Islam and Oppression
Dozens of youth who have become militants follow the same pattern. The reason they choose this path is a combination of Islam and oppression.
Twenty-two year-old Showkat Ahmad Lone, from the Lelhar village of Pulwama, 30 kilometers from Srinagar, was an automobile mechanic. The youngest among five brothers and four sisters, his life started changing after the 2010 mass protests.
Like hundreds of youth in 2010, Showkat also took part in the stone throwing. This led to his arrest and torture. “Eleven cases were filed against him and he was jailed for a month,” Bashir Ahmad Lone, his older brother, told The Diplomat. “He was beaten up. A year earlier, he went to Delhi and after a week he returned but the army had raided our house looking for him. The Army would say that he was with the militants. Every month he had to attend five court hearings.”
On November 25, 2013, Showkat told his family that he was traveling to Delhi with a local lorry driver, as was usual for him during the winters. “He was 17 years old then. He left and we knew it is normal. But a few days later the army raided our house. We searched for him everywhere. We thought he may be missing and filed a missing person report too,” Bashir adds.
After that night, Showkat never come home, but on August 11, 2015, he was in the paddy fields of a nearby village, exchanging bullets with Indian forces. His family back at home had no knowledge that Showkat, now a Lashkar-e-Taiba militant, was caught in the gunfight. Around that afternoon, Showkat and another local militant were shot dead by dozens of Indian troopers who had cordoned off the area. The family received his bullet-riddled, bloodied body later that evening.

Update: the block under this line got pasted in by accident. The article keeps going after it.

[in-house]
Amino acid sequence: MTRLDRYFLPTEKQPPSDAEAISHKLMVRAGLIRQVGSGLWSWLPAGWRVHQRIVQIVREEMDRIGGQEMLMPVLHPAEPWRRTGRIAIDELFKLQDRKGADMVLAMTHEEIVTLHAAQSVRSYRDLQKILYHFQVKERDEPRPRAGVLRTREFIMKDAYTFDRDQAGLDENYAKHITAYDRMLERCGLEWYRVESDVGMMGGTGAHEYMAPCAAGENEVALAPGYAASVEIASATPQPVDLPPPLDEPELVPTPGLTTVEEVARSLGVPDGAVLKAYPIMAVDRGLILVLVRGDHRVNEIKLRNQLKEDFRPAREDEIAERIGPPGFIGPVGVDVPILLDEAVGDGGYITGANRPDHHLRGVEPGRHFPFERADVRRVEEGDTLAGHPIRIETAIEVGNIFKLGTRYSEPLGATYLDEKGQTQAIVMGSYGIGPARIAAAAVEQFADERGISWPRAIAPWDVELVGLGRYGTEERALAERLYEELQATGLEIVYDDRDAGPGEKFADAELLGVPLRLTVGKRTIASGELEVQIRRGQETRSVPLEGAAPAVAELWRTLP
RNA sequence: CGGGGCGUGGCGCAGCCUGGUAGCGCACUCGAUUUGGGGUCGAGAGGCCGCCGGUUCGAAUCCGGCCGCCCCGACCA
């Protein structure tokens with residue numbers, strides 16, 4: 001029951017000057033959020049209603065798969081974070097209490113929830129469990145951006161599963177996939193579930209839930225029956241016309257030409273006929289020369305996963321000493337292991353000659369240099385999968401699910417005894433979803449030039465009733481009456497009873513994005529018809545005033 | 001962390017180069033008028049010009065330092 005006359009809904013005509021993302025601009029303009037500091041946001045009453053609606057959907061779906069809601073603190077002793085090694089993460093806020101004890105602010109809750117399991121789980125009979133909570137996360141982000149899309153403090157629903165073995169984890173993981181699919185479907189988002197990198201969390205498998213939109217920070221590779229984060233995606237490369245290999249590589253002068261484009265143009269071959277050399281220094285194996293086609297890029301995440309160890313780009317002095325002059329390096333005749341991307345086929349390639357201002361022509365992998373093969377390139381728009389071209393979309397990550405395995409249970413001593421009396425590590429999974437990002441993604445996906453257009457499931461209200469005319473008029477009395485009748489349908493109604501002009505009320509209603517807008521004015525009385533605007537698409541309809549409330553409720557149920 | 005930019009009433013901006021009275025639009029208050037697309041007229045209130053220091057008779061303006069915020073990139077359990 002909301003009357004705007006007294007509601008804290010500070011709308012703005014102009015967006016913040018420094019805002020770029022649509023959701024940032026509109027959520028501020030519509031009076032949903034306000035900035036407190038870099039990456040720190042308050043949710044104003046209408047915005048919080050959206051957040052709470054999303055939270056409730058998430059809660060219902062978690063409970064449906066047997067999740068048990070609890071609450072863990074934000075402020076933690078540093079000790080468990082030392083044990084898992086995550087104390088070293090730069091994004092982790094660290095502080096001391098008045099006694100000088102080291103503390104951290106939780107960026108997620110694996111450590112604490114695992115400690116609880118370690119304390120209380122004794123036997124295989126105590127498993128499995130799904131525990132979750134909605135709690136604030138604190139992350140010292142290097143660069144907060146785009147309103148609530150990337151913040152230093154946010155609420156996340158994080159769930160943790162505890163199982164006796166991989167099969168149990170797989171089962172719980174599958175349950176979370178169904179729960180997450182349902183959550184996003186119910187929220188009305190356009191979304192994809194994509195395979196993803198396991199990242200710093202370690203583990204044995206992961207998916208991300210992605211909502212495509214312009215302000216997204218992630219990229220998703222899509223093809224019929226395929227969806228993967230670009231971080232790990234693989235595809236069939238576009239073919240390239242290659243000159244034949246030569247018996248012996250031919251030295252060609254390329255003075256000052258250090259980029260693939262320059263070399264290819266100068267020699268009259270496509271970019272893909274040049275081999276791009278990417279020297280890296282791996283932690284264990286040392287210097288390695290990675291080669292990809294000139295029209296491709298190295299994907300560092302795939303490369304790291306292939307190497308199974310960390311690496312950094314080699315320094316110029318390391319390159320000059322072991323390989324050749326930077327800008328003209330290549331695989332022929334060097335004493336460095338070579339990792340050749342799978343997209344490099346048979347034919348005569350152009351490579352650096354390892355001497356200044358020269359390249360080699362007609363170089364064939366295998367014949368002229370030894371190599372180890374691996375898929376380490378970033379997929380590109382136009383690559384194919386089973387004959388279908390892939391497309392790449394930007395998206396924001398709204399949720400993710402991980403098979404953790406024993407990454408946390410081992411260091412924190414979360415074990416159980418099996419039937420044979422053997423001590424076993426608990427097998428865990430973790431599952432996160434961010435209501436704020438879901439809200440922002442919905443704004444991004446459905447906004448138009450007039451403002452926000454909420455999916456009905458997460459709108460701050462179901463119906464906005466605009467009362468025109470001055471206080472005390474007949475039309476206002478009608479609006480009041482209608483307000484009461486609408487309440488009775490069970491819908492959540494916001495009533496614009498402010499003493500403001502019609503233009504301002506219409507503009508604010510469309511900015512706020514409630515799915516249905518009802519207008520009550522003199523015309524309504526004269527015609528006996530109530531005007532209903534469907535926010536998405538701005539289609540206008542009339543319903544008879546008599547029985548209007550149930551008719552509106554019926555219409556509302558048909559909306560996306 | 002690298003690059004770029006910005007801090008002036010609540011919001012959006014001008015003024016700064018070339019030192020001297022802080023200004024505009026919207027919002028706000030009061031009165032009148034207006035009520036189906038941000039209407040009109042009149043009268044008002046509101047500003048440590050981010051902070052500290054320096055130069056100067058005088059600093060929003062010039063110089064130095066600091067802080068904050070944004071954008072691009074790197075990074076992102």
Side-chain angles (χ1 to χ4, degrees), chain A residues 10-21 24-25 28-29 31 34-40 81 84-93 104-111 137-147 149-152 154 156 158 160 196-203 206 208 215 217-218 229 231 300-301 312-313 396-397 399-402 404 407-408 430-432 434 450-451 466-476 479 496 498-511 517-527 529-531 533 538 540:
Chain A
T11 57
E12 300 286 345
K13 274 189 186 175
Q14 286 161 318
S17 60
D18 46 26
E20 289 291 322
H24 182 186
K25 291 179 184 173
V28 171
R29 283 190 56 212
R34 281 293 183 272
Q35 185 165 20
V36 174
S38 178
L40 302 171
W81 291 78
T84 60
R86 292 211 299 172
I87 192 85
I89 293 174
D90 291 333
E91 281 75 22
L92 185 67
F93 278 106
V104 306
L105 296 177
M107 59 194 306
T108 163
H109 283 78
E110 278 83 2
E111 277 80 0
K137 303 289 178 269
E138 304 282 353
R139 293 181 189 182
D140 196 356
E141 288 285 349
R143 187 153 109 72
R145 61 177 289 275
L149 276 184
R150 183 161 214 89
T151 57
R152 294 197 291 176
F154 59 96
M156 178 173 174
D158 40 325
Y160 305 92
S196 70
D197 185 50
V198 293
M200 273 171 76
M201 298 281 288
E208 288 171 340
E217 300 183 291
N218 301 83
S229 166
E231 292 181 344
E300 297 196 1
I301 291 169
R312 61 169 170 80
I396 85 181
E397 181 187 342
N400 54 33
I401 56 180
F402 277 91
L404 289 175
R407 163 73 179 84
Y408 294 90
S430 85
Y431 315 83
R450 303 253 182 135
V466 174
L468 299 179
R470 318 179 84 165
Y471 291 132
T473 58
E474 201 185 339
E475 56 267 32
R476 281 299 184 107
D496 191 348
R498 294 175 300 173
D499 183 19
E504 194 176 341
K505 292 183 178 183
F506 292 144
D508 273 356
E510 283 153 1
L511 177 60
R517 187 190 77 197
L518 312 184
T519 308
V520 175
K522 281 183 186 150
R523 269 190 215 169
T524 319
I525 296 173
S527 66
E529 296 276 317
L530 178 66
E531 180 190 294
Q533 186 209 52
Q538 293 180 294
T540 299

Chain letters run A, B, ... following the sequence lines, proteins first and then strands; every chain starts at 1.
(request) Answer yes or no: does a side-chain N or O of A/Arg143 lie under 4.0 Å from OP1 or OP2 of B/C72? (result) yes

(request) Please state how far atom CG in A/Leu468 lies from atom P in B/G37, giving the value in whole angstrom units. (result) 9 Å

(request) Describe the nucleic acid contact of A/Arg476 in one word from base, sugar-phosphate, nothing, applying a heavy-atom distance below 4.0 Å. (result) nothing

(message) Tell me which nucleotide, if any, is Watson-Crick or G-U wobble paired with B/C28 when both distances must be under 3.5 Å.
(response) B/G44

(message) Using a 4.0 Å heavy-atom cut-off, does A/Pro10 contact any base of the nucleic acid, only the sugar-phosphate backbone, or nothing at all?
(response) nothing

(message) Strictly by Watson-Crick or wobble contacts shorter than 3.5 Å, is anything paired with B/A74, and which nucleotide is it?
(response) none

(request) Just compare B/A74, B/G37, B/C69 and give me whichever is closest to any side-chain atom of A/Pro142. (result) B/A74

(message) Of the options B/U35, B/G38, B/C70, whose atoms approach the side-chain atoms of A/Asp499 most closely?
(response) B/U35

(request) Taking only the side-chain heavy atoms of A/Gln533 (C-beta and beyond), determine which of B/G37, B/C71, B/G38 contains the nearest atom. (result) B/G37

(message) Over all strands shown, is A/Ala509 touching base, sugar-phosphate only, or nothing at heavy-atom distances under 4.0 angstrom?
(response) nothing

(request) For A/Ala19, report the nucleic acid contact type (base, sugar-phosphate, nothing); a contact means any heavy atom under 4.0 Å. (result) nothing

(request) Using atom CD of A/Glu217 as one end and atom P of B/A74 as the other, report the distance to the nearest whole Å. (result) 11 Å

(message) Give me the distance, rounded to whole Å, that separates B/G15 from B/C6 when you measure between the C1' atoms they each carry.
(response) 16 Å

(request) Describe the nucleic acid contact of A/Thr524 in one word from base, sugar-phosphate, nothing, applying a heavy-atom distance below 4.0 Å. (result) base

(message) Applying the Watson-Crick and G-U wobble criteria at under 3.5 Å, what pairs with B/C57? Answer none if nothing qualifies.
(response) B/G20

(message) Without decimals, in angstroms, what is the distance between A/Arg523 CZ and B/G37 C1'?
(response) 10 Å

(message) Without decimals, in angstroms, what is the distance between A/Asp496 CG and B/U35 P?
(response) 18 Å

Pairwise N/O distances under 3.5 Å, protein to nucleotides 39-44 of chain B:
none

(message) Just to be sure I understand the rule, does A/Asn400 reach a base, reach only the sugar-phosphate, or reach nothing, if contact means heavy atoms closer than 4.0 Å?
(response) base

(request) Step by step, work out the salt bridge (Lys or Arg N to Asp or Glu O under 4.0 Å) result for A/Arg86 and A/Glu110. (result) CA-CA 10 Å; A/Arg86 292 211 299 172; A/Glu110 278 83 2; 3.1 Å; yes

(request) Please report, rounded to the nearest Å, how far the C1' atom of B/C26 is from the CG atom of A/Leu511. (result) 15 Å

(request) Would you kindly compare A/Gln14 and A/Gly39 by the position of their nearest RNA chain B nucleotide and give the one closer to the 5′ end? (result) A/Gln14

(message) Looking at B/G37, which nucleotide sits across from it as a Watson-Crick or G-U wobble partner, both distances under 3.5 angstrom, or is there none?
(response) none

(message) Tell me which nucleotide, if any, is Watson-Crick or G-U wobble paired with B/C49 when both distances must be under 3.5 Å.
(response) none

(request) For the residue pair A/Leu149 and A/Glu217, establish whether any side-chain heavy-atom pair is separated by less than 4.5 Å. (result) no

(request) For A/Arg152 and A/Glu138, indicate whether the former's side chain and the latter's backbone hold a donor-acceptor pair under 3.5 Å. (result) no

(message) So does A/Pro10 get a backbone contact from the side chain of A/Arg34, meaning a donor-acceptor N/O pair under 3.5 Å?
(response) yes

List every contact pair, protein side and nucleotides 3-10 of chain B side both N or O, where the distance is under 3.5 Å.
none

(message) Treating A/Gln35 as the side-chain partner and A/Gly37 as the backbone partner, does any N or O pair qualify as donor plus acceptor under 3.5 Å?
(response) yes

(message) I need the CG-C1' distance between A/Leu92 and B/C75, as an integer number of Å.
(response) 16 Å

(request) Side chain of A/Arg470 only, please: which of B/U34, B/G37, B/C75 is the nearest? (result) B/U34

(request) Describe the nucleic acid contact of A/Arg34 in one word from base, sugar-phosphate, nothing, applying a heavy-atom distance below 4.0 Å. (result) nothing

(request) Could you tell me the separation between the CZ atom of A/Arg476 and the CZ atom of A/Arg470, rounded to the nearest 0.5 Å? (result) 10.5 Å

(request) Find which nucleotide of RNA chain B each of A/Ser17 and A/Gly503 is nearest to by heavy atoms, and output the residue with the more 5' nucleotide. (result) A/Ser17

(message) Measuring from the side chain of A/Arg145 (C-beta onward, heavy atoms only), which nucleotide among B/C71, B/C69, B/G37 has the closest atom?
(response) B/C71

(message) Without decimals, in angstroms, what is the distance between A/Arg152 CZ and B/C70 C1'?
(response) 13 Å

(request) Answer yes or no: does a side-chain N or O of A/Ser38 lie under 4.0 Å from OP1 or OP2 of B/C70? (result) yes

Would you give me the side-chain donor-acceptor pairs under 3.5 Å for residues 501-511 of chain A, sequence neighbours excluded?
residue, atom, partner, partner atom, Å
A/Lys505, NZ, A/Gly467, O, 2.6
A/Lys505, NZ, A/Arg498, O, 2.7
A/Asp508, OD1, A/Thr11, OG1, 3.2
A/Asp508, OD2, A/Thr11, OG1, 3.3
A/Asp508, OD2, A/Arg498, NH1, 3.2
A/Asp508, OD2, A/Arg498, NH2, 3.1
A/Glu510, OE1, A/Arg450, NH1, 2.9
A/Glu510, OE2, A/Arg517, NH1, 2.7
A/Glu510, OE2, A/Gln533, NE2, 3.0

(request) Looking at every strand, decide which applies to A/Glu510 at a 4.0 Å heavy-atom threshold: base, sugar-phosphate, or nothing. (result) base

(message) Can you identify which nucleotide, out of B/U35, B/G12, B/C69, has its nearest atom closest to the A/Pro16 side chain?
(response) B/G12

I went to his house two days after the gunfight and was encircled by a group of men. Gloomy and angry faces looked at us curiously. Outside, in the courtyard, women had gathered in the tent listening to a sharp, confident speaker. A woman’s voice roared:
We should find out why our brothers are sacrificing their lives. If they are fighting for Islam then we should see if we have Islam in our homes. We should think and act as if our brothers are sacrificing their lives then we should also live in similar way. And we could help our brothers and they will be at peace…
The men in the room showed us two pictures of Showkat. Taken in 2013, one picture shows him as a small boy, wearing a T-shirt and sporting short hair. Another picture from 2015 has him carrying an AK-47 rifle, wearing a camouflaged uniform, and a headband. His transformation in two years is not surprising to his family and neighbors.
“Indian oppression should end. Whosoever is Muslim has to fight against India,” Javed Ahmad Lone, another brother, told The Diplomat. “We are beaten up, but for no reason. When you are arrested and your life is made miserable, how much can you tolerate? When it crosses the limit, our boys take such steps.”
A resident from just a few meters away from Showkat’s house, 23-year-old Mohammad Ayub Lone, has been missing since May 2015. One among three brothers and a sister, Ayub was a driver but was continuously harassed by the authorities. Following a pattern, during the 2010 mass protests, he was also throwing stones, just like Showkat and many others. For that, he went to prison for six months, booked under the PSA. Later, he was imprisoned for three more months.